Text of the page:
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Oil rally buoys crude exporting currencies

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22 June 2020

Written by
Enrique Díaz-Álvarez

Chief Risk Officer at Ebury. Committed to mitigating FX risk through tailored strategies, detailed market insight, and FXFC forecasting for Bloomberg.

The rally in risk assets resumed last week, albeit more slowly and amid choppy two-way trading.

O
il prices did, however, break away from the pack, with crude up 10% for the week. Not surprisingly, the week’s top performing currencies were the Russian ruble and the Colombian peso, whose economies are highly dependent on energy exports. On the weak side, sterling underperformed all other G10 currencies, as fears of a hard Brexit continue to hound the British currency.

Oil tanker

This week we will get the critical PMIs of business activity for June in the Eurozone, the US and the UK. These are the most reliable advance indicators of the state of the economy. In the past few weeks, economic data has tended to surprise to the upside. We expect that trend to continue, and it is likely that some indices will break back up above the key 50 level that indicates a return to economic expansion.

GBP

Economic news last week out of the UK was generally better-than-expected. Unemployment rose less than feared, and retail sales ex-auto and fuel rose by 10% versus expectations for a 5% gain.
Meanwhile, the Bank of England left interest rates on hold and increased the QE target by an additional £100 billion to £745 billion, with just one dissenting vote. The pound, however, failed to rally in spite of these supportive circumstances, with both the size of the programme and pace of future purchases falling short of some investor’s expectations. It seems that traders are also becoming a bit nervous about the lack of progress in the Brexit negotiations with the European Union, particularly given that the UK government has now ruled out asking for an extension to the transition period.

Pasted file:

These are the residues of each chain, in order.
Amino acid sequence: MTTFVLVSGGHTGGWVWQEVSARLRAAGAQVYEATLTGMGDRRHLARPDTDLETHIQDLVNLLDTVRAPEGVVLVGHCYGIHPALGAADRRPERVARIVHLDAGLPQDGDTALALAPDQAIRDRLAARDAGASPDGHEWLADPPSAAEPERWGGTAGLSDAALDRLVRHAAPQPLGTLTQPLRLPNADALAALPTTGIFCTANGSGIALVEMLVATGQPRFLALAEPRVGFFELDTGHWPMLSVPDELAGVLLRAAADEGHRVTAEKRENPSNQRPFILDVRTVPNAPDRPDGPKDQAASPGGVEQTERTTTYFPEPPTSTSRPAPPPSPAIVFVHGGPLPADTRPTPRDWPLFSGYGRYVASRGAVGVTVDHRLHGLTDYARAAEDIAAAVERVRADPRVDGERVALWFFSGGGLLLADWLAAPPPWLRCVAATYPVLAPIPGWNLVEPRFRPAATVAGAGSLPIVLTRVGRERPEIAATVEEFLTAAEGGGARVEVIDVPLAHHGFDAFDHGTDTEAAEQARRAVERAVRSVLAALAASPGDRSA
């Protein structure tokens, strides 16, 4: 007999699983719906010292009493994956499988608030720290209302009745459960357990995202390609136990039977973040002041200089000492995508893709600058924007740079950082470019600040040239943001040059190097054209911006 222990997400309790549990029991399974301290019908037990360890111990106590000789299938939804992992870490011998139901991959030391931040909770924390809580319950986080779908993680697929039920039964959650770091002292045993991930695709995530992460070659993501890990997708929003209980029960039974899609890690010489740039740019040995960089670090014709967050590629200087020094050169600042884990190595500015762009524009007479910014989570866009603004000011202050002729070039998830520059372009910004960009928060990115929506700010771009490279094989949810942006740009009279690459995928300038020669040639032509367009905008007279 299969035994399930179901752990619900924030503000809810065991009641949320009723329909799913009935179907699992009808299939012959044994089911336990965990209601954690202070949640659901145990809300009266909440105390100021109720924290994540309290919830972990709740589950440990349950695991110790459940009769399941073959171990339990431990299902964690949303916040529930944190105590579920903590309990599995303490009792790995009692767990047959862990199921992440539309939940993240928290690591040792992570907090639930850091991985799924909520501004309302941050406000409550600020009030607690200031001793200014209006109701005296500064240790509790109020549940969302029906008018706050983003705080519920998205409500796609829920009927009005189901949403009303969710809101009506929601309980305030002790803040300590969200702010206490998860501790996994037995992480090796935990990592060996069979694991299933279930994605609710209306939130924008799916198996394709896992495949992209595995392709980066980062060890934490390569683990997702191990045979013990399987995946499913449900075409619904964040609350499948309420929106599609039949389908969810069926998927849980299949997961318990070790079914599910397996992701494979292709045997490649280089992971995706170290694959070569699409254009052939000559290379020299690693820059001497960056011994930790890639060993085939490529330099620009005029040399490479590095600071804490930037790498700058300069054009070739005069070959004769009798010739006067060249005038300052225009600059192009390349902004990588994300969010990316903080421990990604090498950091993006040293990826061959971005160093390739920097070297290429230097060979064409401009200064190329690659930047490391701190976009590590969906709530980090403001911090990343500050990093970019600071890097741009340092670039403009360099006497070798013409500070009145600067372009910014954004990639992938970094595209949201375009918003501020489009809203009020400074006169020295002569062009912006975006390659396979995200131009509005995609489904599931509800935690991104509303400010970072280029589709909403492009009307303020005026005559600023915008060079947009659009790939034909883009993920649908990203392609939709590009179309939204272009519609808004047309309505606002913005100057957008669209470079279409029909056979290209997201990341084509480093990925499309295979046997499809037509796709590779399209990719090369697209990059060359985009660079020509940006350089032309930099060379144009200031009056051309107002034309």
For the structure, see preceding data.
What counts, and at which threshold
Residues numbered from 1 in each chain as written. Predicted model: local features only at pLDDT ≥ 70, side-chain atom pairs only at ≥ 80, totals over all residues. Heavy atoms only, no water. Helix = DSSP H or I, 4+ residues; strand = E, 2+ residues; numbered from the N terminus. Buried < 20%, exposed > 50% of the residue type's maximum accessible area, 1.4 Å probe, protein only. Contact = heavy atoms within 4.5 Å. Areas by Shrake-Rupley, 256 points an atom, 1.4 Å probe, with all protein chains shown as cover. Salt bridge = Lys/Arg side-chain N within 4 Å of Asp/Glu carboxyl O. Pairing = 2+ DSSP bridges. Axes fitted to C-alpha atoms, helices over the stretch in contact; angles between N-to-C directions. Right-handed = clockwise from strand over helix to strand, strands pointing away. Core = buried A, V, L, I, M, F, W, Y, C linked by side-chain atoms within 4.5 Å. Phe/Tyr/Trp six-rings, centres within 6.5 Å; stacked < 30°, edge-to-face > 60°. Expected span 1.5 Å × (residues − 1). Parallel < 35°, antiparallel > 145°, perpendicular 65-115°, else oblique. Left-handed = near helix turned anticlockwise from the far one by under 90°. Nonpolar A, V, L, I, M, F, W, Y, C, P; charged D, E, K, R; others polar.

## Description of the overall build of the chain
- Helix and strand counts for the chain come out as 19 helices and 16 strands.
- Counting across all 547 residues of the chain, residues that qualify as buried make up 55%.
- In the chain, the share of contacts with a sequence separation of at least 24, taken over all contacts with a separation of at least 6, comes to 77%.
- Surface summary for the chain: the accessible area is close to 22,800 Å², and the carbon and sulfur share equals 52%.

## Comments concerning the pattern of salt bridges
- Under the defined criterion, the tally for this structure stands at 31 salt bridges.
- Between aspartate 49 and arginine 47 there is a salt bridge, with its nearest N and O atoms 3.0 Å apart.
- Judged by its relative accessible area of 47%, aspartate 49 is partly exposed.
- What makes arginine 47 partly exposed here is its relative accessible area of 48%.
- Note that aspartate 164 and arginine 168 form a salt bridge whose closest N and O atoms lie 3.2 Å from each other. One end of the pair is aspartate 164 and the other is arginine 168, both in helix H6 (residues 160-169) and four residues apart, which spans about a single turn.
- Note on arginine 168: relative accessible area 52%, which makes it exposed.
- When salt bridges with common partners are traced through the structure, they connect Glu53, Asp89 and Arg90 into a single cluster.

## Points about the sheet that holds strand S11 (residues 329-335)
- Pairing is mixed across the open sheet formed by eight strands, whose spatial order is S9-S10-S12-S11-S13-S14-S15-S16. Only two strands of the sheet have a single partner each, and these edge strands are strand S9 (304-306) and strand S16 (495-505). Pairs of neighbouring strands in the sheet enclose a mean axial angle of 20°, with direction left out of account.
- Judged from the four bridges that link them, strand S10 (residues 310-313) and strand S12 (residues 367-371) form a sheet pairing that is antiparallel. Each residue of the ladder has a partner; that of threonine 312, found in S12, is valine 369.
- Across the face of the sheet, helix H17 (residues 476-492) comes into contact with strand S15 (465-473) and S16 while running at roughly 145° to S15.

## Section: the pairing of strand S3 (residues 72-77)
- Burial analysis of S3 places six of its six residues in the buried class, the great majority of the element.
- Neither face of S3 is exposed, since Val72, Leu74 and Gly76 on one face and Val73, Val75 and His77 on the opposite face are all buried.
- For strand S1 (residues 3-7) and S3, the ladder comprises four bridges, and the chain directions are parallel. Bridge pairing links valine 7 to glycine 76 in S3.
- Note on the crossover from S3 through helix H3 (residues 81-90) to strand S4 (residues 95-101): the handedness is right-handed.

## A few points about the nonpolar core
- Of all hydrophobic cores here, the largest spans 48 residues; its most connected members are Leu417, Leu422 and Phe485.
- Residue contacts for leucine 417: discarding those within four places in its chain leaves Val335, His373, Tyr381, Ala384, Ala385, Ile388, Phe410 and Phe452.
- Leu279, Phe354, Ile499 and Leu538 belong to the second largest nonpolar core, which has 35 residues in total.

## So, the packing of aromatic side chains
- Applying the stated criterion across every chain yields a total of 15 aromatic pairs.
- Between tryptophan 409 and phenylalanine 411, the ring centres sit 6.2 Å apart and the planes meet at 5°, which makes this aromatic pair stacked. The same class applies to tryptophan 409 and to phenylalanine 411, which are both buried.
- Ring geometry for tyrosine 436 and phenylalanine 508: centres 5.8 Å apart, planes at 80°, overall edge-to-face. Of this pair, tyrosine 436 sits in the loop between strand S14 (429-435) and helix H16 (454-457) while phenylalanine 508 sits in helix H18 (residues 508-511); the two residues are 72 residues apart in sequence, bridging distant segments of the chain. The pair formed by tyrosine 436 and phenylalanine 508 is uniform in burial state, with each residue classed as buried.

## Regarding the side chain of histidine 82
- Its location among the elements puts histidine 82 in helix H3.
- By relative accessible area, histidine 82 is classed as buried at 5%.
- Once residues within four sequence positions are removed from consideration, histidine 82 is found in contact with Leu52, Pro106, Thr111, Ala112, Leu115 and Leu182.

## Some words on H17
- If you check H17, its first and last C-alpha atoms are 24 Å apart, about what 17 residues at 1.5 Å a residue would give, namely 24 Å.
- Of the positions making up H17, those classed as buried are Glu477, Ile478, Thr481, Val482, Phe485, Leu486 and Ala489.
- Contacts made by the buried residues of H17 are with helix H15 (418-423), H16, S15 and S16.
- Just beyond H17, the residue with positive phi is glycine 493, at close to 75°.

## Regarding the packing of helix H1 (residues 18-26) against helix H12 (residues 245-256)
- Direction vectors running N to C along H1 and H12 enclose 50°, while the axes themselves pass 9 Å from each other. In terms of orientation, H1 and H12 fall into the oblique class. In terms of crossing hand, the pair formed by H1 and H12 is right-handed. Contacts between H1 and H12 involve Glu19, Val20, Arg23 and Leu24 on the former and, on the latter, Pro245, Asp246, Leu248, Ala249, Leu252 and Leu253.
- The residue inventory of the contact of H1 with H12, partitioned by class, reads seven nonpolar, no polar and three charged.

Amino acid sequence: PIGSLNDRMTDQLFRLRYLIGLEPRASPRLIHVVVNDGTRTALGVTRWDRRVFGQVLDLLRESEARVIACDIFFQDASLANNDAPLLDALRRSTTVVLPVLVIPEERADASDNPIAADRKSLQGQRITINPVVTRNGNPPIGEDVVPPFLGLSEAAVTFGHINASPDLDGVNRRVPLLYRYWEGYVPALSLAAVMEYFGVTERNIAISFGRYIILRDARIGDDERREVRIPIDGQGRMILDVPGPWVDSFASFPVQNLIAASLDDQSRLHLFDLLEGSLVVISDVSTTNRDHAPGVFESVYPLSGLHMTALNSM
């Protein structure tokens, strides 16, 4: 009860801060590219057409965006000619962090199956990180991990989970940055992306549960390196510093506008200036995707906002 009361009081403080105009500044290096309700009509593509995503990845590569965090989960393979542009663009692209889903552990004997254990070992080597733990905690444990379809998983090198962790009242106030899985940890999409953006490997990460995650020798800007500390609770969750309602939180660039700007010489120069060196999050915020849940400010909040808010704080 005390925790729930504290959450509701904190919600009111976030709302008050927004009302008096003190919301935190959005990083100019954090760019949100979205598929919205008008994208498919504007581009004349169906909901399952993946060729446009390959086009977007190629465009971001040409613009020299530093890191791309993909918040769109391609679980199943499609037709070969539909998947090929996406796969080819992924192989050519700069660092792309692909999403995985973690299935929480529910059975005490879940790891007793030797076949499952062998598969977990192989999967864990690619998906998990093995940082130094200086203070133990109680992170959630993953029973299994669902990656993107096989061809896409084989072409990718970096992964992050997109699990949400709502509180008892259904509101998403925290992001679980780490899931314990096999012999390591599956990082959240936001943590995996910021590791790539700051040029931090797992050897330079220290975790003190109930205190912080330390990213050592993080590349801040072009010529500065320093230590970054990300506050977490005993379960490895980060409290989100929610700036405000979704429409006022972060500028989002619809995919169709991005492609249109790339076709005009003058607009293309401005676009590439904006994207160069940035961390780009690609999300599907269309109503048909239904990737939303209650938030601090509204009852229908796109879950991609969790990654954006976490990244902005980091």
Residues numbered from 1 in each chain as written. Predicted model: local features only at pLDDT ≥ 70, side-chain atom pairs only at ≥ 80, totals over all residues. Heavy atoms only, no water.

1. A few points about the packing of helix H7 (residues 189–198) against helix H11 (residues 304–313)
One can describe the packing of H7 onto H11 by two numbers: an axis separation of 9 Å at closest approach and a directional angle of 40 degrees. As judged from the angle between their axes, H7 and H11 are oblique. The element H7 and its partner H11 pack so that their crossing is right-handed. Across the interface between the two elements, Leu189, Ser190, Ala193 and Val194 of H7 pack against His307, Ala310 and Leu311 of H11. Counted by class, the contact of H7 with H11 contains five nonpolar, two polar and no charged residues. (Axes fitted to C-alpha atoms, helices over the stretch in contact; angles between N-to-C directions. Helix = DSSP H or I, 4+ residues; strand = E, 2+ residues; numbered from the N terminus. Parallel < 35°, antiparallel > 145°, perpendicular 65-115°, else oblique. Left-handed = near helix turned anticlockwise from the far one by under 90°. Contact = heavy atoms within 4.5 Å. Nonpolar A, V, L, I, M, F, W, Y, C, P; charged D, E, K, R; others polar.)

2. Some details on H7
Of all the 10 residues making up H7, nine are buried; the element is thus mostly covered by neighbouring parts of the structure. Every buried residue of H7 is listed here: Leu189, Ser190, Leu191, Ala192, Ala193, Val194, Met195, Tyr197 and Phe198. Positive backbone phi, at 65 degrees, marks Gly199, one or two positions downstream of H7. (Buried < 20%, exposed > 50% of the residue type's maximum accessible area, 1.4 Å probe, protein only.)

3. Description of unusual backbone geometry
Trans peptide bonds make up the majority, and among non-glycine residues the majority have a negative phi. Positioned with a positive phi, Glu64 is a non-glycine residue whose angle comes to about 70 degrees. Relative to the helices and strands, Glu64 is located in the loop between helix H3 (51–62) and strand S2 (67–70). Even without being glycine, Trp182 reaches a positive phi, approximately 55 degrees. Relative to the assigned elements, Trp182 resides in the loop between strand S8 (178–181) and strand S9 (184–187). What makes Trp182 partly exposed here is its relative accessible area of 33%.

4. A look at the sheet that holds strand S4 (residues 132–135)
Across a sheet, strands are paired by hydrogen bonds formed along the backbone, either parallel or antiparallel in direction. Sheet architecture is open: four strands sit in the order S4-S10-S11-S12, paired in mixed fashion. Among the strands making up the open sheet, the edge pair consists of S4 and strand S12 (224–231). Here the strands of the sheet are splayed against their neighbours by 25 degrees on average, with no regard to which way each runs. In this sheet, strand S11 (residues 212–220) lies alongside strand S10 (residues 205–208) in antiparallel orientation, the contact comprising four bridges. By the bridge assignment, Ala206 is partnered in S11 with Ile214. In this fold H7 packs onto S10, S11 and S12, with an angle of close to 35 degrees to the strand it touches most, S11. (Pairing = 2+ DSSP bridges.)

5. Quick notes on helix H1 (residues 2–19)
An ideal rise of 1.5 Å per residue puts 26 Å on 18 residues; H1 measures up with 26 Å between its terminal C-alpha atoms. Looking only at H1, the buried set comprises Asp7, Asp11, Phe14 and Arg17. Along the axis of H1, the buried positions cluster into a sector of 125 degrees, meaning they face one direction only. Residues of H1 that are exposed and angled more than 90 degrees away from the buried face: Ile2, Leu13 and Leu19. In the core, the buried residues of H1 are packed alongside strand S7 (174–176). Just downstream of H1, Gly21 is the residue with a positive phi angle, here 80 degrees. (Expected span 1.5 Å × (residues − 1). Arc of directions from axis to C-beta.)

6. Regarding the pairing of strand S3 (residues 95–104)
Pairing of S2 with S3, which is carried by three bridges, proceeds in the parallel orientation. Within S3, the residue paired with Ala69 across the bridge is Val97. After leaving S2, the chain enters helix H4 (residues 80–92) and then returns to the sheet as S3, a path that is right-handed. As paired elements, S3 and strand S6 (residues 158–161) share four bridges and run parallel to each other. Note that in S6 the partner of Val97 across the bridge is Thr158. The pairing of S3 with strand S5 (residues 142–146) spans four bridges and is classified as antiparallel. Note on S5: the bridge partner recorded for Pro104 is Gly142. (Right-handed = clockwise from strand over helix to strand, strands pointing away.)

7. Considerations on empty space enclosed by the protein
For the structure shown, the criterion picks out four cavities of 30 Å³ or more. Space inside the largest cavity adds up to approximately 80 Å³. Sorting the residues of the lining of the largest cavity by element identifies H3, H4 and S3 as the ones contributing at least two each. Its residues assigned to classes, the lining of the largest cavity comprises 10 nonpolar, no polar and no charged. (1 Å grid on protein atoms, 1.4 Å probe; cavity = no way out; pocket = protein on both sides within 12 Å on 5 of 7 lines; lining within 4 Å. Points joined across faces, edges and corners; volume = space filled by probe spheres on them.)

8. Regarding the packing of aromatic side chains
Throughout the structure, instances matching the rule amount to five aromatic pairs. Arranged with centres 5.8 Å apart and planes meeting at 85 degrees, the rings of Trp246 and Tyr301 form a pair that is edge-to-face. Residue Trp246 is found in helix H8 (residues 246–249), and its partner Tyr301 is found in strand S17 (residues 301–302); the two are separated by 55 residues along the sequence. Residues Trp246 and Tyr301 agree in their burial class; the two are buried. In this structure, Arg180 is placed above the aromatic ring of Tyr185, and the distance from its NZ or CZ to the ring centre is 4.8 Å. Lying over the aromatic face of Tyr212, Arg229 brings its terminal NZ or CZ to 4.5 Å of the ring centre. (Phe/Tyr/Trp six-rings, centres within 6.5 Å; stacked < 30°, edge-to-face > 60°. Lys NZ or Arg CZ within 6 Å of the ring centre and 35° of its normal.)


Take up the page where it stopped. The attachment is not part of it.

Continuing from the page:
EUR

There was not a lot of economic news out of the Eurozone last week. On the positive side, COVID-19 cases continue to trend down in the continent as a whole, a marked contrast to the situation in the US. Eurozone banks also took up more TLTRO III cheap loans from the ECB than was expected. This is another sign pointing in the right direction, as it indicates banks are more optimistic regarding the demand for credit.

We think there is potential for another upside surprise in the Eurozone June PMIs, out this week. If so, and the gap in new COVID cases with the US persists, we may well see the euro rally start the next leg higher.

USD

US economic data turned more mixed last week. Retail sales for May were much better-than-expected, rebounding twice as fast as expected from April’s dismal reading. However, the more timely weekly jobless claims were slightly disappointing. Another 1.5 million workers filed for unemployment benefits, and the number collecting benefits stayed above 20 million.

Perhaps more ominous is the upward trend in new COVID cases in many states, such as California, Texas and Florida, where the contagion curve is on the upswing and the number of new cases regularly hits records. We expect that the gap between these figures and the more encouraging ones out of the Eurozone (Figure 1) should be supportive of the common currency in the coming weeks.

Figure 1: New Daily COVID-19 Cases [US vs. Big 4 Euro Area] (March ‘20 – June ‘20)

New Daily COVID-19 Cases [US vs. Big 4 Euro Area] (March ‘20 - June ‘20)

Source: Refinitiv Datastream Date: 22/06/2020

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